Monday, March 19, 2007

Book Review: Just Love: A Framework for Christian Sexual Ethics

Book Review: Just Love: A Framework for Christian Sexual Ethics by Margaret Farley (Continuum International Publishing Group, June 2006)

Dr Margaret Farley, a Sister of Mercy and a professor of Christian ethics – since 1971 - at Yale Divinity School, is one of American Christianity’s foremost ethicists.

In this book she tackles some of the most complex issues relating to Christian Sexual Ethics, and writes thoroughly, thoughtfully, compassionately and convincingly (but also, according to many conservative fellow-Catholics, too progressively). If you want to put her into a theological/philosophical box (which is difficult, given the breadth of her opinions and research) I’d say she’s a liberal, irenic feminist.

These days helps inform us about an author’s biasses/breadth/depth via her/his citations. This book, we are told, cites 287 books (it seemed like more!), principally: Christianity and the Making of the Modern Family by Rosemary Radford Ruether on 8 pages, Moral Theology: Challenges for the Future : Essays in Honor of Richard A. McCormick by Charles E. Curran on 7 pages, Bodies That Matter: On the Discursive Limits of Sex by Judith P. Butler on 6 pages, Being And Nothingness by Jean-Paul Sartre on 5 pages and Summa Theologiae by St.Thomas Aquinas on 5 pages. (I seem to recall stumbling over references to Ricoeur and Foucault more than five times).

Her main point? Justice and love should permeate all relationships, including sexual relationships. She ranges throughout history, across cultures, and tackles most of the big questions of embodiment, gender, and sexuality – including thorny issues relating to same-sex relationships, marriage and family, divorce/ remarriage, celibacy, and sexual behavior. (She doesn't touch abortion, interestingly).

She’s frank, but there’s nothing titillating here. On the contrary it’s an academic book replete with hundreds of valuable footnotes (ideal, probably, for Christian Sexual Ethics 101), occasionally dull and heavy-going, but generally jargon-free. There are surprisingly few case-studies. She’s sometimes repetitive (‘I have said several times..’).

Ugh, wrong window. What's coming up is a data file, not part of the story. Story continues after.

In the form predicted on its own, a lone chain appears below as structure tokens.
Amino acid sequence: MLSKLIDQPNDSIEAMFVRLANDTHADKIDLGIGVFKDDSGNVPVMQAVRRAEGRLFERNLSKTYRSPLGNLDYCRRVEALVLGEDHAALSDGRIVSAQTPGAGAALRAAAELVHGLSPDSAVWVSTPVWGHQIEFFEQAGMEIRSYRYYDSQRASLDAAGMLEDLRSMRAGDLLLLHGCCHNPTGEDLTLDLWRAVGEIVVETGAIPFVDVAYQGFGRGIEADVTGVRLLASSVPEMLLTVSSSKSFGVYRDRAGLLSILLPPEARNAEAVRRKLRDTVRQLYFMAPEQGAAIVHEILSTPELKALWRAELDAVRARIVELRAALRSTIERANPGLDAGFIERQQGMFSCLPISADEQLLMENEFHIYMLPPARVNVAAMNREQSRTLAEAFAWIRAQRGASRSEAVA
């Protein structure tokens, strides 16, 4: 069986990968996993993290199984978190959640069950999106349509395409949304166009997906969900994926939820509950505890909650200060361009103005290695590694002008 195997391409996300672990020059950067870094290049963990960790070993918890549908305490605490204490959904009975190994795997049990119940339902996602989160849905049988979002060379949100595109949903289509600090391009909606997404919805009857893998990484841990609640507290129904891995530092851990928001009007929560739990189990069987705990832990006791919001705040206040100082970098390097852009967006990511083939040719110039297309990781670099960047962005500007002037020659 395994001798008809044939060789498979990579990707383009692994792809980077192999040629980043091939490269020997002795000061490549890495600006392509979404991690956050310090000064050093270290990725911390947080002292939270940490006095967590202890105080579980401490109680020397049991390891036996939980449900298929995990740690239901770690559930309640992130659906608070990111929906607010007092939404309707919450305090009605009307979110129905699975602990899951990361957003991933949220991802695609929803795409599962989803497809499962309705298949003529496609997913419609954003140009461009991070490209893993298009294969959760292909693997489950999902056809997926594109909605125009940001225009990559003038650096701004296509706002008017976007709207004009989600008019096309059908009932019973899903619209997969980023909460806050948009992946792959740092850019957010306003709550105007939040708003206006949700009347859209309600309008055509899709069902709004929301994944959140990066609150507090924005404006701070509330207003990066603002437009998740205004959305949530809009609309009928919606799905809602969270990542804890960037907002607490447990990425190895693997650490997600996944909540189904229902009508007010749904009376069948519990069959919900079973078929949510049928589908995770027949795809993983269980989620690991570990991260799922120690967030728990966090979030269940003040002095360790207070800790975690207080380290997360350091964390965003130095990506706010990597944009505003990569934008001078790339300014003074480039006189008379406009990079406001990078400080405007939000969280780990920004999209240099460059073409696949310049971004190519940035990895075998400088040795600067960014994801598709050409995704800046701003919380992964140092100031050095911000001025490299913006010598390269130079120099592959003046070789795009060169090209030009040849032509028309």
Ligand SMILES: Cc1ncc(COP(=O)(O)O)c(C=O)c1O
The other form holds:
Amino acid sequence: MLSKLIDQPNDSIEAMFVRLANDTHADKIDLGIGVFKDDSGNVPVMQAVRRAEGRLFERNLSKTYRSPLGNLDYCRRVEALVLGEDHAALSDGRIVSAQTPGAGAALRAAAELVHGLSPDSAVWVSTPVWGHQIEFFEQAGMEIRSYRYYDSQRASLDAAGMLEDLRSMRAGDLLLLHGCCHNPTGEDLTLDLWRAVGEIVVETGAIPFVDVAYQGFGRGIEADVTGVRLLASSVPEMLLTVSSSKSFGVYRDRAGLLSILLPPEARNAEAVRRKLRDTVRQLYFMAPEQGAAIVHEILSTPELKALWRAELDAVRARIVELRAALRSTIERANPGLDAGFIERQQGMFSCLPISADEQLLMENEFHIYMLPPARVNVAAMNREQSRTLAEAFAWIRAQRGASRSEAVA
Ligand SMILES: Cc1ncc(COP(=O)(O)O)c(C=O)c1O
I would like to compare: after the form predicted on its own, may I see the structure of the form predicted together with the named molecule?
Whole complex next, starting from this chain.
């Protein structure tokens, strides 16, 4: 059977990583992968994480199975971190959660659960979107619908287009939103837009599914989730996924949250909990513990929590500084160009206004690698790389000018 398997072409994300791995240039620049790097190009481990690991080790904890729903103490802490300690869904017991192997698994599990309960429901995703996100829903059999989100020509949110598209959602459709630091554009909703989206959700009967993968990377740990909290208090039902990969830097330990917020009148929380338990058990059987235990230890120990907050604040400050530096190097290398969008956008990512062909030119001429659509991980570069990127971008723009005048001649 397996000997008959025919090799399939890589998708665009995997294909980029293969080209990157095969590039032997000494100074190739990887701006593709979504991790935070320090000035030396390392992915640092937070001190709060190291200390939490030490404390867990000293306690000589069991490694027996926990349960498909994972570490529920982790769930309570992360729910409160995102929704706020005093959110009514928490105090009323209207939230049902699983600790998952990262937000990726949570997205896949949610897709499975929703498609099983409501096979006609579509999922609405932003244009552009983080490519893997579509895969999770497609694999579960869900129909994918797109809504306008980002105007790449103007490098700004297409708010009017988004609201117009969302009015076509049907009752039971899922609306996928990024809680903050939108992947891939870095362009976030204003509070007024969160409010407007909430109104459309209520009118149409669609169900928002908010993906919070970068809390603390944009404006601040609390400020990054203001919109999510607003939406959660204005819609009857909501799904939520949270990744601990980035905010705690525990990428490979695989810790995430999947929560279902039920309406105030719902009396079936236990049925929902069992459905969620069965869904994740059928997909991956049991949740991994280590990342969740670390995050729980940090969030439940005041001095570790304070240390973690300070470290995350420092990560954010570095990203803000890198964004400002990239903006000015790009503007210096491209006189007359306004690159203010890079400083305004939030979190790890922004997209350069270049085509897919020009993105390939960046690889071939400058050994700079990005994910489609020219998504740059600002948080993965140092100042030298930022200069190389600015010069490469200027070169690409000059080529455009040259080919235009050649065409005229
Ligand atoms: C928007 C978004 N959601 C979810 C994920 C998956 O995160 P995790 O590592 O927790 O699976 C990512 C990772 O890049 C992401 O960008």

The ‘large questions’ about sexuality she says have to do with the status of the human body, increasingly complex questions about gender, and the sources and aims of sexual desire. One online reviewer summarizes the scope of her work well: ‘Throughout history and across cultures, societies have regulated the sexual passions, channeling them mostly into heterosexual marriage involving either monogamy or polygyny; in both patrilineal and matrilineal societies, women were often subordinated to men; and polygyny presents special dangers to women's equality.’

According to Farley, the basic question of sexual ethics is, 'With what kinds of motives, under what kinds of circumstances, in what forms of relationships, do we render our sexual selves to one another in ways that are good, true, right and just? Her framework for "just sex" centres around seven criteria: do no unjust harm, free consent, mutuality, equality, commitment, fruitfulness, and social justice.

She’s realistic about the fluidity of modern notions of commitment, and indeed is quite relaxed about commitment being conditional and contingent because life is often too hard and full of unexpected surprises to live a permanent and unconditional commitment. What we must do, she says, is teach moderns just principles of relationships and sex.

What do these principles mean in practice? Farley can be quite explicit. Masturbation is OK when it serves relationships rather than burdening them. Use of pornography that weakens our capacity for healthy sexual relations and any kind of sexual abuse or use of power to obtain sex are wrong. Scriptural arguments cited in opposition to homosexuality and homosexual relationships are misinterpreted, ambiguous or part of a worldview in which the central issue was that men are superior to women. In the end there are no good reasons to apply different standards to same-sex and heterosexual relations. Both kinds are good if just, bad if unjust.

Her irenicism is quite marked in two areas where Western feminist liberals and others are mostly polemical: female circumcision and the gender-justice struggles of Islamic women. Farley is amazingly restrained, sensitive and broad-brush in her attempts to understand the background of these issues. She is also sensitive to the complexities faced by intersexed and transgendered persons. In terms of reproductive technologies she believes the key principle is that “no children should be conceived who will be born in a context unconducive to their growth and development in relationships.”

I hope that's whetted your appetite. It's a book filled with commonsense, which will gently dismantle many of your prejudices.

Rowland Croucher

March 2007

No comments:


Here's a Blog of articles and reviews.
For more, visit our website (with its 20,000 articles: so get comfortable!)


Rowland Croucher


Blog Archive

About Me

My photo
Melbourne, Australia
Husband, father, grandfather, great grandfather, pastor, teacher, writer, used-to-be-academic... See here for more: